There could be quite a few new faces in the Wisconsin Senate following the 2014 elections.
Half of the 33 districts will be on the ballot and a few are guaranteed to turn over.
Two long-time state senators are retiring: Democrats Bob Jauch and Tim Cullen.
One person not surprised is JR Ross. He’s editor of wispolitics.com.
“Cullen won the seat he has now in 2010, but he served in the senate back in the 80s, so he’s been around for a long time, and it’s a matter of having had enough. Same with Sen. Jauch, he’s been around for years and years and years, so for those guys it’s a matter of, they’ve kind of filled the tank of Senate service and they’re looking to go on to other things,” Ross says.
Meanwhile, fellow Democratic Senators John Lehman and Kathleen Vinehout are eyeing races for higher office – he for lt. governor, she for governor.
Over on the GOP side, veteran Sens. Mike Ellis and Dale Schultz face challenges. Ross says he’s heard rumblings that at least three additional Senate seats could be challenged in 2014.
Mordecai Lee is professor of Governmental Affairs at UW-Milwaukee. He says departures signal the end of an era.
“I’m guessing there’s less personal satisfaction to serving in the state Legislature than there was when I was there back in the 1980s, when there was a lot more room for personal initiative and compromise and working across the aisle, now there’s so much of an emphasis on partisanship and partisan solidarity,” Lee says.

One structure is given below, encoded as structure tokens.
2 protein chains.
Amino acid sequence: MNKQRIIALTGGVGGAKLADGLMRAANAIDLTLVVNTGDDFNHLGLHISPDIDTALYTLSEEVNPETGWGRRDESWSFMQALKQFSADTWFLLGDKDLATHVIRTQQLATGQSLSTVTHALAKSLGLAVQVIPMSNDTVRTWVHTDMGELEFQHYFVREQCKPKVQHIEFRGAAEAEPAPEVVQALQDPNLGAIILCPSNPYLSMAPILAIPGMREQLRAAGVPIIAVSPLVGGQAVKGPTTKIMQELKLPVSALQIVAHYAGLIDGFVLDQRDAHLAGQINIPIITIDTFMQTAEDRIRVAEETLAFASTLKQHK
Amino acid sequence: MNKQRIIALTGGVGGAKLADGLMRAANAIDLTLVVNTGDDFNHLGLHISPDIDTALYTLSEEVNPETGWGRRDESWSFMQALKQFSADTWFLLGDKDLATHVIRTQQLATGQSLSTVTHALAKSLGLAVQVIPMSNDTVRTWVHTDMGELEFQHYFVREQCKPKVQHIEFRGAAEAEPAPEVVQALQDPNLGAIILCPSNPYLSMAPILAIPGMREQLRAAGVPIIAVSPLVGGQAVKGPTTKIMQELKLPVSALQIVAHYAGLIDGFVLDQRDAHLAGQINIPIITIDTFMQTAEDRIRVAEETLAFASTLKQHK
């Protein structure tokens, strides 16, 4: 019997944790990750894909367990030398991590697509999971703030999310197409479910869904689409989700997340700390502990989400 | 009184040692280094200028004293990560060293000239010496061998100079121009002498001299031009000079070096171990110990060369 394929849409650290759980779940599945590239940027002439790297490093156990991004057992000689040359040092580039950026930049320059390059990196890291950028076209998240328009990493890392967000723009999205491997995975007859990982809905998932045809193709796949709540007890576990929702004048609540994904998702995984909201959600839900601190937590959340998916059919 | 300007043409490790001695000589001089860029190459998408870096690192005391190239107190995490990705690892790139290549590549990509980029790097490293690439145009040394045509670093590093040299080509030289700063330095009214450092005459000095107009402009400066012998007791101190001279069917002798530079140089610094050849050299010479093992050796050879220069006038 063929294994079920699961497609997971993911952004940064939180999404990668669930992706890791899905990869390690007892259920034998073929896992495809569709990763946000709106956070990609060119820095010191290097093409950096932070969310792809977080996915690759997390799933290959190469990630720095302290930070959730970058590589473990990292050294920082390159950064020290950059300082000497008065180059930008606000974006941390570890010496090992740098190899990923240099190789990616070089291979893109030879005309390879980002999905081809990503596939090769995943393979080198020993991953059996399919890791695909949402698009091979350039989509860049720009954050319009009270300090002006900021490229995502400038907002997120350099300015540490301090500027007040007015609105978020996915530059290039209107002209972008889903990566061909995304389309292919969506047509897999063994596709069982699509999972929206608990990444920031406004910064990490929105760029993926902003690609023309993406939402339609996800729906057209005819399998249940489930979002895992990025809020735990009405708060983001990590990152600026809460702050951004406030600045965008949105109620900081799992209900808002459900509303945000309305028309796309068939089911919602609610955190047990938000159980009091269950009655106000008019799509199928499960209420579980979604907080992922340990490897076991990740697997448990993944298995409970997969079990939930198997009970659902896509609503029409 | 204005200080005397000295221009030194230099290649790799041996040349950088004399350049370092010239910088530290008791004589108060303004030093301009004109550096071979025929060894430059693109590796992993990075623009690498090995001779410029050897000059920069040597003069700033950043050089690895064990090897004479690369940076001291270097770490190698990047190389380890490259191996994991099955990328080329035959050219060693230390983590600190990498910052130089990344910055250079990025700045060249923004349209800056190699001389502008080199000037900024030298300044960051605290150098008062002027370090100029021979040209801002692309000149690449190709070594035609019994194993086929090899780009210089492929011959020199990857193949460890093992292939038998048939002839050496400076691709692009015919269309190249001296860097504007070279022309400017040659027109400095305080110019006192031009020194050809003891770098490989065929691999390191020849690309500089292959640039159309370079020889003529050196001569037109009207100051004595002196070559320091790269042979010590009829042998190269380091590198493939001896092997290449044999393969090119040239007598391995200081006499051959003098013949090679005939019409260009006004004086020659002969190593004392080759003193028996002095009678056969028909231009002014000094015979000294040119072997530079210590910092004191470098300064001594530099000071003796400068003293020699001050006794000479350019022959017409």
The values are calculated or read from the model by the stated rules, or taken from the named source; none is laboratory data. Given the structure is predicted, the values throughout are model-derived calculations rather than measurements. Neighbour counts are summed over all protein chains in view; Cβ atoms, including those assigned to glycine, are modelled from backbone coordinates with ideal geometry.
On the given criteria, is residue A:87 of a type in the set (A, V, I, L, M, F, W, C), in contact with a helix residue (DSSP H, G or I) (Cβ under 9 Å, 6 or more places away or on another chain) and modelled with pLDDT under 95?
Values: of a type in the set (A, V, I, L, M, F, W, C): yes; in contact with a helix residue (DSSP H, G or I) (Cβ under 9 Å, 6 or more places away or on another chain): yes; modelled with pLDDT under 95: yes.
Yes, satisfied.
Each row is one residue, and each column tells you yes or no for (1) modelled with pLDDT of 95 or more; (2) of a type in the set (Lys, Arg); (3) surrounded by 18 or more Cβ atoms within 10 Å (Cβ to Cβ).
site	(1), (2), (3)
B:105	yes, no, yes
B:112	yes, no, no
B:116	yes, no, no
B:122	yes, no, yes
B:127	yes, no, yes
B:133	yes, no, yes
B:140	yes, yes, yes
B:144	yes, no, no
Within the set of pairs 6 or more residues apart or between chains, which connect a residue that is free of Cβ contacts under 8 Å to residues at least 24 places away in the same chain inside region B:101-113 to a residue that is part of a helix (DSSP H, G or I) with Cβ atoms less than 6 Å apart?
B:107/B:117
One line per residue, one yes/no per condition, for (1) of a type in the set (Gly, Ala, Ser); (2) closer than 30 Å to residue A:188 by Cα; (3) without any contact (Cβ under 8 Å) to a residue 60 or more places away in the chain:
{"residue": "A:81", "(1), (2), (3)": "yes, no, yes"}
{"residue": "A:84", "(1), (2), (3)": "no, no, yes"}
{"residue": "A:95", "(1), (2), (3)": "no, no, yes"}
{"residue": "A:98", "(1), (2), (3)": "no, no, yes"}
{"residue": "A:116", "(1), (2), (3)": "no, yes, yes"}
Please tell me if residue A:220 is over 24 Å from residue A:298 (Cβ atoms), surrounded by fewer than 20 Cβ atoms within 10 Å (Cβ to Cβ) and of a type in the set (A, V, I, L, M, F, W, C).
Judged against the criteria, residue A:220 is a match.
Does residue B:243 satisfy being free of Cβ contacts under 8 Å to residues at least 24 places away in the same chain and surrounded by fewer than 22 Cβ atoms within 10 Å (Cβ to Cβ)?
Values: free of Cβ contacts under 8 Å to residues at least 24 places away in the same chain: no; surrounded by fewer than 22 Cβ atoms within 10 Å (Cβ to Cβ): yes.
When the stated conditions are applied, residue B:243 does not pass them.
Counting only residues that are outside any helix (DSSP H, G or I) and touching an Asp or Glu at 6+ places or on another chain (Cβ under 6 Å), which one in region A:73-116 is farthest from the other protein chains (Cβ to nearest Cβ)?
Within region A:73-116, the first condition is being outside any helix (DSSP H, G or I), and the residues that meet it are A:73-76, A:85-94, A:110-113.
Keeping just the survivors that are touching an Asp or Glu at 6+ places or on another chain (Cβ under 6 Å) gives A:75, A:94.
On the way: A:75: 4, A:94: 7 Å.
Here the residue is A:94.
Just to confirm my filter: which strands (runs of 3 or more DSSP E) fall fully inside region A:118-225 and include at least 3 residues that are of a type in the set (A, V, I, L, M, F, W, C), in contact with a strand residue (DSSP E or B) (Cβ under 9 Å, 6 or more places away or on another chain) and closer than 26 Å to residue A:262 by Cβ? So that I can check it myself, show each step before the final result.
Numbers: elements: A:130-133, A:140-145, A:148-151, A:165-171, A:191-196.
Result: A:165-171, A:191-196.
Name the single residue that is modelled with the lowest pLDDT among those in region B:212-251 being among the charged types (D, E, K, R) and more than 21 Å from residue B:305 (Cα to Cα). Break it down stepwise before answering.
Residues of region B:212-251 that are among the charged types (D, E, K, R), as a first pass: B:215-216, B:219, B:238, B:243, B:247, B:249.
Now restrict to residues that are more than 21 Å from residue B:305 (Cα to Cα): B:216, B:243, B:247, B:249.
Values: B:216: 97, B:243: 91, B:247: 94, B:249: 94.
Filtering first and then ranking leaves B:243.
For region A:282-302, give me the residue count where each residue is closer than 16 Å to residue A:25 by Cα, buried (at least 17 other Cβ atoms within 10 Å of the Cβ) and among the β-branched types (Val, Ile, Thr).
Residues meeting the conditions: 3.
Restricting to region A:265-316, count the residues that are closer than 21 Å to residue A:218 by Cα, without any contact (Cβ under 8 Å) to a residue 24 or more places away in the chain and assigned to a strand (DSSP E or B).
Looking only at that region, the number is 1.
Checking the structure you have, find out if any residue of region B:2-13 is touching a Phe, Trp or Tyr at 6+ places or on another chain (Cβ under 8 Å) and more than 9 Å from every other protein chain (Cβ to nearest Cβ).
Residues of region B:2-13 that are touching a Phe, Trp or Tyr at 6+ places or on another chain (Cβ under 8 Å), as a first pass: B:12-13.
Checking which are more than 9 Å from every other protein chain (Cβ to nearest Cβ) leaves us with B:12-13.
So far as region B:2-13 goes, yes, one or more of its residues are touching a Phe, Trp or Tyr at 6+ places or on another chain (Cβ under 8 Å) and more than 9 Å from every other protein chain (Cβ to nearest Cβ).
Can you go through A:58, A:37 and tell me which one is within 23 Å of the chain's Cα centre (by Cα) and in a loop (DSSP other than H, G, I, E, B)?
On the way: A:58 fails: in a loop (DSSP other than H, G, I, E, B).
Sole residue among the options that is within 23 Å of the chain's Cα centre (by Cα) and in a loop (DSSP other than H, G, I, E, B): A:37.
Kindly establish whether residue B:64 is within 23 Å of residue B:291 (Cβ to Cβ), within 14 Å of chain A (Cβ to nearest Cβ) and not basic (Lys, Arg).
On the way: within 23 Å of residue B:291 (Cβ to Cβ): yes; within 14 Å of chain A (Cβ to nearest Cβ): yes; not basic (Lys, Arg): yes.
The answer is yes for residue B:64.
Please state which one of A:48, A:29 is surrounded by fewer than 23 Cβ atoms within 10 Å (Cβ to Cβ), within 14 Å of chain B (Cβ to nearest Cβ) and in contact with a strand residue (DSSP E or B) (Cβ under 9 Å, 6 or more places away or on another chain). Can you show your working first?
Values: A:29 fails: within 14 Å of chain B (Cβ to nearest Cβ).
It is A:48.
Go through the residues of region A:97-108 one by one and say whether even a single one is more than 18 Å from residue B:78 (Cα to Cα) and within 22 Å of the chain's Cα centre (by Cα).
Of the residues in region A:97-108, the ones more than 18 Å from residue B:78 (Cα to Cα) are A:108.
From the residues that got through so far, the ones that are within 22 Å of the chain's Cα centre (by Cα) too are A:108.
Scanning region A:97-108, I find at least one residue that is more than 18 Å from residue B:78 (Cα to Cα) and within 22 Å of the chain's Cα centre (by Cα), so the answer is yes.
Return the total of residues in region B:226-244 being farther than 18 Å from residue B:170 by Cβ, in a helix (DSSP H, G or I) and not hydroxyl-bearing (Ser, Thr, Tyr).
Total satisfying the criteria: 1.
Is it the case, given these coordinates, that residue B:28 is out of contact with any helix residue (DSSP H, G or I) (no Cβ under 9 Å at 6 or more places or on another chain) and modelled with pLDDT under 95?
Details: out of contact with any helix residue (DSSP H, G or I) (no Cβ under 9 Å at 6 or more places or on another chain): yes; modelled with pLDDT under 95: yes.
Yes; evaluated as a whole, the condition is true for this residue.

Lee cites the bitter battle over Gov. Walker’s bill dismantling collective bargaining rights as a turning point.
“Act 10 was an overturning of the status quo in a substantive policy sense, but I think we also have to view the Republican majority in the state Senate and state Assembly as an overturning of an institutional wisdom or institutional tradition, almost like a radical rejection of the past,” Lee says.
Wisconsin voters ushered in that GOP majority in 2010. Republicans will likely retain control of the Senate, no matter how many seats are contested next fall, according to UW-Stevens Point Political Scientist Dennis Riley. He points to redistricting.
At the start of each decade, the majority party gets to redraw the state’s political boundaries, so Republicans had the job here in 2010. As in other states, the new maps solidify party control in many districts – they’re either solidly Republican or Democratic.
“I don’t see a lot of nail-biters on Election Night. I think it’s very hard to unseat anybody of the opposition party because the district lines are so carefully drawn,” Riley says.
Riley says, what could change, is that more districts elect dyed-in-the-wool partisans.